The Jacob Thompson’s Livery Stable Fire (4/9/1883)

Tragedy struck Westminster on April 9, 1883, when Jacob Thompson’s livery stable, which was on an alley behind West Main Street at the corner of John Street, went up in flames. Four men were playing cards in one of the carriages in the livery stable. They were using a candle, set on one of the seats, to provide light. A dispute arose when one man was accused of cheating. The accused grabbed the money and ran. The other men scuffled before taking off after the man with the money. In the scuffle, the candle was knocked over and started the fire. When caught, the men claimed they didn’t know the fire had started.

The alarm sounded about 11:30 p.m. By the time the firemen arrived, the stable was fully engulfed and a strong wind was spreading the flames to neighboring structures. At the time, Westminster had no city water supply and firemen fought the blaze with their chemical engine and water carried from nearby wells. The light of the fire was reportedly observable for a radius of 25 miles. The Gettysburg Compiler claimed a number of local residents saw the glow. The Hanover Spectator said “The light of the conflagration was so vivid and intense that it illuminated the whole of the Southwestern sky . . .”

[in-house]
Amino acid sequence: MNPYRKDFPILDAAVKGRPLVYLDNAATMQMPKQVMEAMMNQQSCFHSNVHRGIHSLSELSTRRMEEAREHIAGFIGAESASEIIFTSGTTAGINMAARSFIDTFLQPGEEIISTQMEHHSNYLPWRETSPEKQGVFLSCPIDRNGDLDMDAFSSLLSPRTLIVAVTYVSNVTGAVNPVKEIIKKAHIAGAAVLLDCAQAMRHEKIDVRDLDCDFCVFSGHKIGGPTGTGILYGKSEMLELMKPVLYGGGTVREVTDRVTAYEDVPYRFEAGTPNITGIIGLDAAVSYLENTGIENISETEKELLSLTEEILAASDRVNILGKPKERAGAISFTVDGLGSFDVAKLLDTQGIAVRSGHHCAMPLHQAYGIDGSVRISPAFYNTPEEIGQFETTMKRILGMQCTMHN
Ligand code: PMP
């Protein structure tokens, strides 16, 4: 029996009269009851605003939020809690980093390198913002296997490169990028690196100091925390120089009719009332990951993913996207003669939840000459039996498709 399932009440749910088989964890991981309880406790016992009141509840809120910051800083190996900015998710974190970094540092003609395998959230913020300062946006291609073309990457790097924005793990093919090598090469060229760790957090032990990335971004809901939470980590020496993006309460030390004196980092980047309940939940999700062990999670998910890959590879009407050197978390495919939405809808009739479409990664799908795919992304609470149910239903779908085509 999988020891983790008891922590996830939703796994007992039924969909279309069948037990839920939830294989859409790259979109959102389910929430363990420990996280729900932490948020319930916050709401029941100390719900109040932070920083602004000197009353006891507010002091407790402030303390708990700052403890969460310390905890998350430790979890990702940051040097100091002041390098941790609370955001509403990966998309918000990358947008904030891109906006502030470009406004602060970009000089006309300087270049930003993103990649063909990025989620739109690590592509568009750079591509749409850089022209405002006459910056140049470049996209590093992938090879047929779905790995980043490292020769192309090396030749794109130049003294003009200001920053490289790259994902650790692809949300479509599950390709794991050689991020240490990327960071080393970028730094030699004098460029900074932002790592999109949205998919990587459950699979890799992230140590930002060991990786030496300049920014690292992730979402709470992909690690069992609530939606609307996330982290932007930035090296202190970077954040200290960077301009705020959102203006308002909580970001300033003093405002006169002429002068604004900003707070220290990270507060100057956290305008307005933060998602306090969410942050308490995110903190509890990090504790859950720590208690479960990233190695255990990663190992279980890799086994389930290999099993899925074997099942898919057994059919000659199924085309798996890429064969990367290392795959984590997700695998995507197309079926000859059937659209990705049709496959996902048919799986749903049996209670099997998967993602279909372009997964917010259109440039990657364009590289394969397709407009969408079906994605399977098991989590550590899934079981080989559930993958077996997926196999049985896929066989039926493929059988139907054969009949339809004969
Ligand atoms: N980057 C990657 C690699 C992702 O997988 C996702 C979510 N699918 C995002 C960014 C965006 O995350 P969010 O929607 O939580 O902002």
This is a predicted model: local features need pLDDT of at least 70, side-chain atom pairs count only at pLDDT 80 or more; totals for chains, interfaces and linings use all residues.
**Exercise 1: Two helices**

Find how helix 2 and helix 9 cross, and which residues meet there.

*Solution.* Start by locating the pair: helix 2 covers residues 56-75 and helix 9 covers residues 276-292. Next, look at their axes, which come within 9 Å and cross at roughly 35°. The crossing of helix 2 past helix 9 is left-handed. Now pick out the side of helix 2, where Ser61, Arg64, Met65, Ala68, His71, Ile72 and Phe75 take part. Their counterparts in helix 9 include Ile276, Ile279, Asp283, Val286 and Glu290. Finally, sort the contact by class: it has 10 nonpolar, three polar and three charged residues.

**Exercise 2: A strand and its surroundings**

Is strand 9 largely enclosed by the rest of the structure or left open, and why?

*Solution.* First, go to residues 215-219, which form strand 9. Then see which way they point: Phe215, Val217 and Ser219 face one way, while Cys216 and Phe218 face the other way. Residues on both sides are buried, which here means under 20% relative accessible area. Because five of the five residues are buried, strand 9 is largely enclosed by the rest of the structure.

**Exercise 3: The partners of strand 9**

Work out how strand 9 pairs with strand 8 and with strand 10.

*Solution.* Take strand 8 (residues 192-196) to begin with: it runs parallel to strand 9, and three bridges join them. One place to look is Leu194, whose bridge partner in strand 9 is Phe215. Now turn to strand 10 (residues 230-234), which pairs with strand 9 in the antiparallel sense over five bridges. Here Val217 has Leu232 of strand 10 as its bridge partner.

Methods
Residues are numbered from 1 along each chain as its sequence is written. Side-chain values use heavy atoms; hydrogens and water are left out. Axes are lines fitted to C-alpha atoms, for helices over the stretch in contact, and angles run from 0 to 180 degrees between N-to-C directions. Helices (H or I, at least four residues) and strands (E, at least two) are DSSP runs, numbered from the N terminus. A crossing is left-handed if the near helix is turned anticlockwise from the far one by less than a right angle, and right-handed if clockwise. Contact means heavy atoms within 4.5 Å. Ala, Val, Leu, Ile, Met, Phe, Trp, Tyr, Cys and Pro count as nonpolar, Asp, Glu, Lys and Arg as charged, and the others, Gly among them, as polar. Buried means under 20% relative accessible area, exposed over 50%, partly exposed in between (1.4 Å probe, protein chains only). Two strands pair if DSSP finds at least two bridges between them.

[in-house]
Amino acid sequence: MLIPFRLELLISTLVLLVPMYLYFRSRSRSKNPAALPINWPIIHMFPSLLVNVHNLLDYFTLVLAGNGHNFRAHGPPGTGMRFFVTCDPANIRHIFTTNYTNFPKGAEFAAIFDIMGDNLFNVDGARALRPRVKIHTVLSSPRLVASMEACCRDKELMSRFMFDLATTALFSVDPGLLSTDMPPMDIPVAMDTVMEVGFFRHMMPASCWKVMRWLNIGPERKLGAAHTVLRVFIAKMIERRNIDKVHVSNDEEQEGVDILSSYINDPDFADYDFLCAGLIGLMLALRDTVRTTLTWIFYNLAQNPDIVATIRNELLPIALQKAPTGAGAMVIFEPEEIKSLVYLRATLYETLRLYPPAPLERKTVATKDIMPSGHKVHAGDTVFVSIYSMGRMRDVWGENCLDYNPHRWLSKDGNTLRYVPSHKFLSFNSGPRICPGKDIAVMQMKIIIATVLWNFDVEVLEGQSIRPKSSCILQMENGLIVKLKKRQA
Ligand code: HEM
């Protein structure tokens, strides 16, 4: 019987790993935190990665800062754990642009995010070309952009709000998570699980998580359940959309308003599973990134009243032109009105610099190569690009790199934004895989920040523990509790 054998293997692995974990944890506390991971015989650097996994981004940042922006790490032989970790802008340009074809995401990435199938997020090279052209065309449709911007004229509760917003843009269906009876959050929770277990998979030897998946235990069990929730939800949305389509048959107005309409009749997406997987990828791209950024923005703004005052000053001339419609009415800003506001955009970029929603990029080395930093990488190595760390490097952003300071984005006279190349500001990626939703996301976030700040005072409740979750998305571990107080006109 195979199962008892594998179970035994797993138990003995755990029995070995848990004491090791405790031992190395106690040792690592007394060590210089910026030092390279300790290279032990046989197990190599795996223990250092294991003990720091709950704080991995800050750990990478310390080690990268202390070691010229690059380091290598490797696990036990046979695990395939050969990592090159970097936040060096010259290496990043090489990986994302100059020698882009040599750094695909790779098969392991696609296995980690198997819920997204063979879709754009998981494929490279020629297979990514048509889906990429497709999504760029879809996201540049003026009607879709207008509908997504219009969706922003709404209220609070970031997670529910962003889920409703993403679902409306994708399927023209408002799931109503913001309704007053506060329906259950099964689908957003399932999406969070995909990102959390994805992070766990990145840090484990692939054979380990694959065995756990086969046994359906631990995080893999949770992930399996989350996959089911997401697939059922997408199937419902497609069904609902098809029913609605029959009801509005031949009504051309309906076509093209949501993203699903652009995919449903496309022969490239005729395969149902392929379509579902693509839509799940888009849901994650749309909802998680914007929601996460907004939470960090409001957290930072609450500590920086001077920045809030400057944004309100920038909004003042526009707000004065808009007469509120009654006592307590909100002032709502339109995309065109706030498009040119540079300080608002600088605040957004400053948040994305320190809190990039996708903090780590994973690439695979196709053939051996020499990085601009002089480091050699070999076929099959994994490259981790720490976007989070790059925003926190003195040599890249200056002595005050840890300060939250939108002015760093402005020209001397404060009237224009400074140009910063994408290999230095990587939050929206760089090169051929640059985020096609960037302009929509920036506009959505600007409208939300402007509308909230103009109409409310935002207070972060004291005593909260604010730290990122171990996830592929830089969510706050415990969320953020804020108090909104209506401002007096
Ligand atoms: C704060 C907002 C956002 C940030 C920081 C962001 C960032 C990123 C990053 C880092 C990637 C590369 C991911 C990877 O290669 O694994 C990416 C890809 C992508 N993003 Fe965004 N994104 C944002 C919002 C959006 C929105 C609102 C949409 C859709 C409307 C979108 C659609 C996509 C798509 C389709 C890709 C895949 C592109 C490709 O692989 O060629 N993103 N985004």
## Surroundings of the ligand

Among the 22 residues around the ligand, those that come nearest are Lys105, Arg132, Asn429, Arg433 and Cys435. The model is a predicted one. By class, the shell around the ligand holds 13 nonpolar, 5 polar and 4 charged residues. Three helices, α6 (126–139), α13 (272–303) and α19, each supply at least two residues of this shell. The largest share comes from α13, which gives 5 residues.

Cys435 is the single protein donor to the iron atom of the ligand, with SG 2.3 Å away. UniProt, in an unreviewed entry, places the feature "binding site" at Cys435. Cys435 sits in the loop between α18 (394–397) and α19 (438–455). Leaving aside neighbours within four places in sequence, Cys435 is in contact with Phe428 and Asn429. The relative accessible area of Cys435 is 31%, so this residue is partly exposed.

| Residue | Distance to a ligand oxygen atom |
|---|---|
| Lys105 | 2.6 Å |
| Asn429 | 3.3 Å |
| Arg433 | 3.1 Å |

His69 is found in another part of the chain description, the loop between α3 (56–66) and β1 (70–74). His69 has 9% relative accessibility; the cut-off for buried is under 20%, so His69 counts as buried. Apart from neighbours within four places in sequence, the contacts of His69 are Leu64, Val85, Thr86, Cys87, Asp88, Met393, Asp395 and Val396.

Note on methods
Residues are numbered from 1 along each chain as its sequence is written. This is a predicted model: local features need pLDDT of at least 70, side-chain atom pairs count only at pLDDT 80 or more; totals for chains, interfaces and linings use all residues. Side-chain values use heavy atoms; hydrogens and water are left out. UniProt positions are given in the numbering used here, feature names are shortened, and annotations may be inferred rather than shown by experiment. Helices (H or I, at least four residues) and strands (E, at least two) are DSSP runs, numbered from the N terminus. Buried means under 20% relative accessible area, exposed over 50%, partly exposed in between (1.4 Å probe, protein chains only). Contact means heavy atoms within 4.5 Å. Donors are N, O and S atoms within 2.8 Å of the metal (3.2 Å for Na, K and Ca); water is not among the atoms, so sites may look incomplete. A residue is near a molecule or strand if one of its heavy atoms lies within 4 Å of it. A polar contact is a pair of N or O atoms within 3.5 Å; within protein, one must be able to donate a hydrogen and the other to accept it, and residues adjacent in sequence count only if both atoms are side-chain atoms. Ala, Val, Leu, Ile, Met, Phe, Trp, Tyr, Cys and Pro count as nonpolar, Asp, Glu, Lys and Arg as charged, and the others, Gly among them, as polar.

By morning the fire had destroyed 16 houses, Grace Lutheran Church on Carroll Street, two manufactories, and eight stables. Seventeen families and thirteen businesses were left homeless. Total fire damage was estimated at $135,000. Two men who had been sleeping on the second floor of the stable where the fire began perished as did a number of horses and cattle.

To read the full account of the fire, go to the Library of Congress’ Chronicling America project at…/1883…/ed-1/seq-3/